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    1. Thanks so much!! I hope you're patient - this is a BEAST! ;) And yes, polyandry will definitely be involved. You're the first person who's heard of it! I wrote a post about it, if you're curious: http://lizblocker.blogspot.com/2013/12/research-is-character-is-plot.html

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  13. This was very helpful! Thanks :)

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  14. I'm with Meradeth. Looking forward to you finishing this project so I can get my hands on it. *grabby hands*

    I've got something similar to Forbidden Love in my current project. They like each other, but responsibilities keep them apart.

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    1. LOL, I like the grabby hands :)

      That sounds like a cool twist on forbidden love - I like it!

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  15. Hi Liz!
    It's my first time on your blog and I must say, I've always wanted to visit Tibet. It's in my list of adventures to be had. And I love the breakdown of the love plots! :)

    Cheers,
    Anna

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    1. Welcome, Anna, and thanks for visiting!!

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  16. I think that's an awesome idea.
    Great post, too. Go, go, go! :D

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  17. Sounds so interesting. Jealous love can be Unrequited Love?

    Nas

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    1. Hmm, yeah, I could see that! Good idea :)

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  18. Great article. My most recent was a combo of Forbidden and some others. Hope it works.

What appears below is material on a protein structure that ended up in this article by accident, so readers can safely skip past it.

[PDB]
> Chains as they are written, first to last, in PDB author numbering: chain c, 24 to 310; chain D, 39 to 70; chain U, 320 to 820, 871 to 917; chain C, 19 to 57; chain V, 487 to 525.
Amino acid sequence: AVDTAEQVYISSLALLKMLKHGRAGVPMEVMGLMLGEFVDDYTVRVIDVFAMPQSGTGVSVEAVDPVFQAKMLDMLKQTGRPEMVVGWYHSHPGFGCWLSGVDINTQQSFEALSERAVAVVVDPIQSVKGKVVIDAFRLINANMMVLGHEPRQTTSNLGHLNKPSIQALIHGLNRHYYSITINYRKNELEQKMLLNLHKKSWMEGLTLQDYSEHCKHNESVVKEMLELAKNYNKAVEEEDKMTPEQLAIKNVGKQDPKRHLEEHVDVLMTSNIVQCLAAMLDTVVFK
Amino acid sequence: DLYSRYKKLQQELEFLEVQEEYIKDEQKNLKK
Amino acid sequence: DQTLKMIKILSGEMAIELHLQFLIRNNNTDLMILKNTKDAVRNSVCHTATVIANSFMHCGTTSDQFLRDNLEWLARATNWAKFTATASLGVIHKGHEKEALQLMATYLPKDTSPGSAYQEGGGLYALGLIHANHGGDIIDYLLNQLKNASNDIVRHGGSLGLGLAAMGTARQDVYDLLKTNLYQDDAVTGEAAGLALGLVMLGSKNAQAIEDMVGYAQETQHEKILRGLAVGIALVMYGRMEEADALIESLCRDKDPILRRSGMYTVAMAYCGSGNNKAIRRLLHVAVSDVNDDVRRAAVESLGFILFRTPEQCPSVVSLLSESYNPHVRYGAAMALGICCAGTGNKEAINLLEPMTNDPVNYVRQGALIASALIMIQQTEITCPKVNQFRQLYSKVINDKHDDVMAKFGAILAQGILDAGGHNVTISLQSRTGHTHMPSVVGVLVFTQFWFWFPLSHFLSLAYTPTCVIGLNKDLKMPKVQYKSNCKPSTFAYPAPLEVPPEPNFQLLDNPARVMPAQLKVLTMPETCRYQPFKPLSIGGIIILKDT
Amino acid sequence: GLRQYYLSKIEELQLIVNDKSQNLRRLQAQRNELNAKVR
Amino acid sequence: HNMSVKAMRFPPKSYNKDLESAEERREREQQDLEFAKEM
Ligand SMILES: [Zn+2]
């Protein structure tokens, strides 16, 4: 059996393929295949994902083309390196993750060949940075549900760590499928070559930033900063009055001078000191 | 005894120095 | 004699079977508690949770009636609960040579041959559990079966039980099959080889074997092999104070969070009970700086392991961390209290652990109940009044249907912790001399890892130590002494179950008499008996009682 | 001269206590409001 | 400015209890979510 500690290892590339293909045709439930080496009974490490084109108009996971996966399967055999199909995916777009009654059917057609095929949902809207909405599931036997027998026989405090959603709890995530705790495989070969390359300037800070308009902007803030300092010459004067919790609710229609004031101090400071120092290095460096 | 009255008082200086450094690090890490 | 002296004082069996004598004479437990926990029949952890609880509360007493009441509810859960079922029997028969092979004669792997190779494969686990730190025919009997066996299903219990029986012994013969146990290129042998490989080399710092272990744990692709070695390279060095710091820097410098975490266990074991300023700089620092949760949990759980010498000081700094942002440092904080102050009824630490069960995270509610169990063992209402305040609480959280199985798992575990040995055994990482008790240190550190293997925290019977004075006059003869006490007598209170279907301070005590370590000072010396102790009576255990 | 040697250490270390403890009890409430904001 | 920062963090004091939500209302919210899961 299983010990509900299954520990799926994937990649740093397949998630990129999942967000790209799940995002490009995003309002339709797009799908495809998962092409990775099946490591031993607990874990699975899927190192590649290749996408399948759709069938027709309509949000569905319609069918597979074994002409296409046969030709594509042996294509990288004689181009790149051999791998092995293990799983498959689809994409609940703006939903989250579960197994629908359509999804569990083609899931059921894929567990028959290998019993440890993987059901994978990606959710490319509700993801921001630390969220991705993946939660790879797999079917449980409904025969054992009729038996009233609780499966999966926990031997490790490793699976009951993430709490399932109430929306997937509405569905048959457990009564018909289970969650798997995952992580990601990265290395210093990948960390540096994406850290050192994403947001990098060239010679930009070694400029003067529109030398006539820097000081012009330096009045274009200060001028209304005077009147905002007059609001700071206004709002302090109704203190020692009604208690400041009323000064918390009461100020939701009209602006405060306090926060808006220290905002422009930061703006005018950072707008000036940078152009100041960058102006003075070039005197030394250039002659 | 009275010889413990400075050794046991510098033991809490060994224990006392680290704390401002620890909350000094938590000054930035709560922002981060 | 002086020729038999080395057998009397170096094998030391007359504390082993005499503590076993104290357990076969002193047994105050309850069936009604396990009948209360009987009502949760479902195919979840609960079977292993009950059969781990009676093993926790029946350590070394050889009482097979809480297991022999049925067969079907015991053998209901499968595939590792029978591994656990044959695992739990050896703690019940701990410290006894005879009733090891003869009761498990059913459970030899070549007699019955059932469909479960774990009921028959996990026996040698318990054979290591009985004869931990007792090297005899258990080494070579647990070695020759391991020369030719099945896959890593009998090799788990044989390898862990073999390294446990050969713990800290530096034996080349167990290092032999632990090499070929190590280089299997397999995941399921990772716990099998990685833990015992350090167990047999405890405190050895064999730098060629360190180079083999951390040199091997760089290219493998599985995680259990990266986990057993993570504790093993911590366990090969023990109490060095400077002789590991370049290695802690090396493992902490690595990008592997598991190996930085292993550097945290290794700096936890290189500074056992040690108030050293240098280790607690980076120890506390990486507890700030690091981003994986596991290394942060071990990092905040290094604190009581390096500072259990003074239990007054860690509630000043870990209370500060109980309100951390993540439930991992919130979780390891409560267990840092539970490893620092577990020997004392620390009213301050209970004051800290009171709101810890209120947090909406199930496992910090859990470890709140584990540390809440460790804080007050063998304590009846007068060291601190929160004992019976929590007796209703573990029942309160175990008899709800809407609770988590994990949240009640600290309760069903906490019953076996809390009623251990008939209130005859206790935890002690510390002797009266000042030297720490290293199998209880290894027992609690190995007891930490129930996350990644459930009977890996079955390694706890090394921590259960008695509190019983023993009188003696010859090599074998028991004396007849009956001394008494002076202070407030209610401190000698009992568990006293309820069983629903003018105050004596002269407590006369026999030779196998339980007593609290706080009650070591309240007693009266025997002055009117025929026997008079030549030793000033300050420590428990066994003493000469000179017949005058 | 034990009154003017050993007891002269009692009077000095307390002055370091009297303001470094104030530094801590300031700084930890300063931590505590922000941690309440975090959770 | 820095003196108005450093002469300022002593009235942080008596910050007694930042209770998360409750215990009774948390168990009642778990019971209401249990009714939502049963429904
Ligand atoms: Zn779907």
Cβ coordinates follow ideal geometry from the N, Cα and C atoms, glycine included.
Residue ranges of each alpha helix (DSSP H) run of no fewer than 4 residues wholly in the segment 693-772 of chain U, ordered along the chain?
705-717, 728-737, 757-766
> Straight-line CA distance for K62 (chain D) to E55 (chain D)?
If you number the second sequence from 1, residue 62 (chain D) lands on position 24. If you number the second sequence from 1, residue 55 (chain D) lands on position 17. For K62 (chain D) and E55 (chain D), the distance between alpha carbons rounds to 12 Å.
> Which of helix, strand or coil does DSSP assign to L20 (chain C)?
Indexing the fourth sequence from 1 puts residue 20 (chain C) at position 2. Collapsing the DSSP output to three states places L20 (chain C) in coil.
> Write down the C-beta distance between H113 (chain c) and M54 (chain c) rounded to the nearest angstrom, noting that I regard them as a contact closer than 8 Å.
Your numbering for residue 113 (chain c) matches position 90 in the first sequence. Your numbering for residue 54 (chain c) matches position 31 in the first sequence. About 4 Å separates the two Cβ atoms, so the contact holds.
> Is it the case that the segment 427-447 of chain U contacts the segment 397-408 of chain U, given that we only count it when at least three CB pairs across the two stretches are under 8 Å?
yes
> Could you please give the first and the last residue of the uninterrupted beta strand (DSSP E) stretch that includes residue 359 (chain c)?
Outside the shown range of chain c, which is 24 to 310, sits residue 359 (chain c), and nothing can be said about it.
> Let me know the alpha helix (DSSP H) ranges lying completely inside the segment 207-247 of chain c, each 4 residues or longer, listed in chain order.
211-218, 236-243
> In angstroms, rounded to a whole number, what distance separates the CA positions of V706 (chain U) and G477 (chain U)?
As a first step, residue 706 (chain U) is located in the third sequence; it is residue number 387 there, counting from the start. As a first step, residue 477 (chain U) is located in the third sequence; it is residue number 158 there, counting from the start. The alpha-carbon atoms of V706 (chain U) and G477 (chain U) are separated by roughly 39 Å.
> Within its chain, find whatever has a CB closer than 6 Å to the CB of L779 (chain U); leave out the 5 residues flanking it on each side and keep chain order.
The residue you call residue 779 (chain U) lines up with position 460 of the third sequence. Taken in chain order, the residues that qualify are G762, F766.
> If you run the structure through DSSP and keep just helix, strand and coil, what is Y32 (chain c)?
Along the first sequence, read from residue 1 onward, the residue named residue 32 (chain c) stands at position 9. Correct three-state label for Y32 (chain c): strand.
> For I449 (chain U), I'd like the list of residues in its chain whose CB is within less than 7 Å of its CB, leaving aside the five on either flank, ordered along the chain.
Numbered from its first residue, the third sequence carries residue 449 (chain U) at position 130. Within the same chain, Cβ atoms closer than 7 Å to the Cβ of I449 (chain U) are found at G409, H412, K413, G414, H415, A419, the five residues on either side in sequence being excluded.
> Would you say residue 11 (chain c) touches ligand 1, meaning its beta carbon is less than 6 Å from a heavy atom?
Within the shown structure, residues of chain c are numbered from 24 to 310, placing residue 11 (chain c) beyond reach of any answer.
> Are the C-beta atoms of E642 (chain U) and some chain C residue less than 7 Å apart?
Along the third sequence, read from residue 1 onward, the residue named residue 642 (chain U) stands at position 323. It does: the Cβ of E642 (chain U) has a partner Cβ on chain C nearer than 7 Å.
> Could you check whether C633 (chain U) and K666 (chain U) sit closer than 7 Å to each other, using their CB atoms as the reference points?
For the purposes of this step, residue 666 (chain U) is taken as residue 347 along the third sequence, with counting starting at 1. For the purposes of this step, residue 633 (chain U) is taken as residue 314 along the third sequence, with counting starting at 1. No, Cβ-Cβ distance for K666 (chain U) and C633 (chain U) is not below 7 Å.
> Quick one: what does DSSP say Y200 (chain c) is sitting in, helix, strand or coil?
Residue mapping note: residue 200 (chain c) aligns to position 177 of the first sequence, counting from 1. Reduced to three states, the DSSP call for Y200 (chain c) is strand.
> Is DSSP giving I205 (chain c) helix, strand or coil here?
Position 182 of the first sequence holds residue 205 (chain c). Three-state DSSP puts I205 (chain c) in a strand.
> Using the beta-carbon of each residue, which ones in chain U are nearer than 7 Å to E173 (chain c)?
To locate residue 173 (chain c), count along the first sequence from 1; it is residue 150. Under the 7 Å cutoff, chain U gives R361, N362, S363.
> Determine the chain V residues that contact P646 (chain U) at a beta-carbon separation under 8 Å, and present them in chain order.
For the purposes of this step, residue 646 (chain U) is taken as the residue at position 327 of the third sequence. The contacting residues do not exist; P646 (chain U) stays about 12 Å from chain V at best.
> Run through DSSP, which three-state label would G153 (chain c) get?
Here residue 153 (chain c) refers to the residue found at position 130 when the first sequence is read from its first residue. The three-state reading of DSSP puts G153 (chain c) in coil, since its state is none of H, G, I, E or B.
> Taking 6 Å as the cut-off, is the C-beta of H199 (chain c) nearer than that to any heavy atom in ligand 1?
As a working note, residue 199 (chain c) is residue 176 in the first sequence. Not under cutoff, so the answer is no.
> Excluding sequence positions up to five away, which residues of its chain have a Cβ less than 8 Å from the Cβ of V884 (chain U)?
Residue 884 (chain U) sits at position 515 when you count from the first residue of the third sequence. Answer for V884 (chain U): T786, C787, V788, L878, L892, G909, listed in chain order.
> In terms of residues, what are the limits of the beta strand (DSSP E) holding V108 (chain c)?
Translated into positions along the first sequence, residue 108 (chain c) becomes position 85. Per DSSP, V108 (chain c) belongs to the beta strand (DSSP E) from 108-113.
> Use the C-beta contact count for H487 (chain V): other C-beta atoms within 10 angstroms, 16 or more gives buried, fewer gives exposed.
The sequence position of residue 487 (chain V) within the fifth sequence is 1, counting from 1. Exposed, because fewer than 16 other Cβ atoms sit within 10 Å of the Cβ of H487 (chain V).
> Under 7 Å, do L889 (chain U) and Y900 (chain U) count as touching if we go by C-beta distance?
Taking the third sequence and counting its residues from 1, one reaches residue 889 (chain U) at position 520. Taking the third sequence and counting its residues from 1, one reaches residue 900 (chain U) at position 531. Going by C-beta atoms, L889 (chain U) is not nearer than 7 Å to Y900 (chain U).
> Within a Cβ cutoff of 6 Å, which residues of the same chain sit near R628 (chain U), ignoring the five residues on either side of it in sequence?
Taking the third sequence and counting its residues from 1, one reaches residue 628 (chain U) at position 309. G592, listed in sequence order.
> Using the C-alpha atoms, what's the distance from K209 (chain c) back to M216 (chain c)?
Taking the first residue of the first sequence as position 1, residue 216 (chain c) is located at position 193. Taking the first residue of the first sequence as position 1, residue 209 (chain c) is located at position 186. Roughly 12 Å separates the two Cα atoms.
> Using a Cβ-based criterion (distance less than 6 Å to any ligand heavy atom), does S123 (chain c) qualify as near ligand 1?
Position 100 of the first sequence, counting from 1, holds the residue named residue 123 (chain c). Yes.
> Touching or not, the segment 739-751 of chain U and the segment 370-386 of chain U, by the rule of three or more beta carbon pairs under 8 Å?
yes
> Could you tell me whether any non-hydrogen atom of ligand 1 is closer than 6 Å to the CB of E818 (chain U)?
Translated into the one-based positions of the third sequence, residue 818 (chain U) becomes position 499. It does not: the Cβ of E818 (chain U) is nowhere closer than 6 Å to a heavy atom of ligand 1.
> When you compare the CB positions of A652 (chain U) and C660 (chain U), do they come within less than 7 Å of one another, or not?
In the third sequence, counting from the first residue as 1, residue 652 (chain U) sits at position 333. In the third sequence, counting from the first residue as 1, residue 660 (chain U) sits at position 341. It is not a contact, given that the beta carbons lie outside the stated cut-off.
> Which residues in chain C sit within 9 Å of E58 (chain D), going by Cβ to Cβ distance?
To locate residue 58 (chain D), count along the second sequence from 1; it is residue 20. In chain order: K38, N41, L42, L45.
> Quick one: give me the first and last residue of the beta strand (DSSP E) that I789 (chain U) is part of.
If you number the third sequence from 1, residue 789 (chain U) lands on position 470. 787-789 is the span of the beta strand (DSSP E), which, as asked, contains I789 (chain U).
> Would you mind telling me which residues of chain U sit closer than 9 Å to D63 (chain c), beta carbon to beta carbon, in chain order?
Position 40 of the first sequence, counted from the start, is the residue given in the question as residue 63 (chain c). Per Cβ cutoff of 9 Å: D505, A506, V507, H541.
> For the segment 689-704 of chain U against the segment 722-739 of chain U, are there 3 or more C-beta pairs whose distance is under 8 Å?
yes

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    1. Thanks, Susan. Sounds like a good story!

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  19. Very cool. ^_^ It seems TAW started as somewhere between Reluctant and Forbidden, and it's moving right into Love Torn Apart. I kind of wish I'd had these when I was writing it. Oi!

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    1. Hmm, yeah, I can see that! I hope it's only temporary Love Torn Apart, though!!

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  20. I'm comfortable with writing fantasy, but I don't think I'd ever be any good writing romance. Probably not even as a subplot within the story. I suspect I'd be too clumsy at it.

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    1. Well, that's what I thought, too, but I'm giving it a try, anyway. It could stink...but I hope not! Maybe you should try it? You never know... :)

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  21. Those are some good examples of love story plots. I'll keep them in mind if I ever switch genres. Good luck with your writing!

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  22. I love your idea of mixing the classic plots and using each one for some character. Ambitious, but you seem like you can actually pull it off.

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  23. Great reference post--thanks for sharing!

    Glad it's helped you move forward with your opus :)

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  24. I have romance in my books, but I don't consider myself a romance author. I'd like to write romance books, though. I've read enough of them. Maybe I should study them and the themes more.

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    1. You definitely should - so far it's fun!

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  25. This is my weak point and just what I need. Thanks for sharing!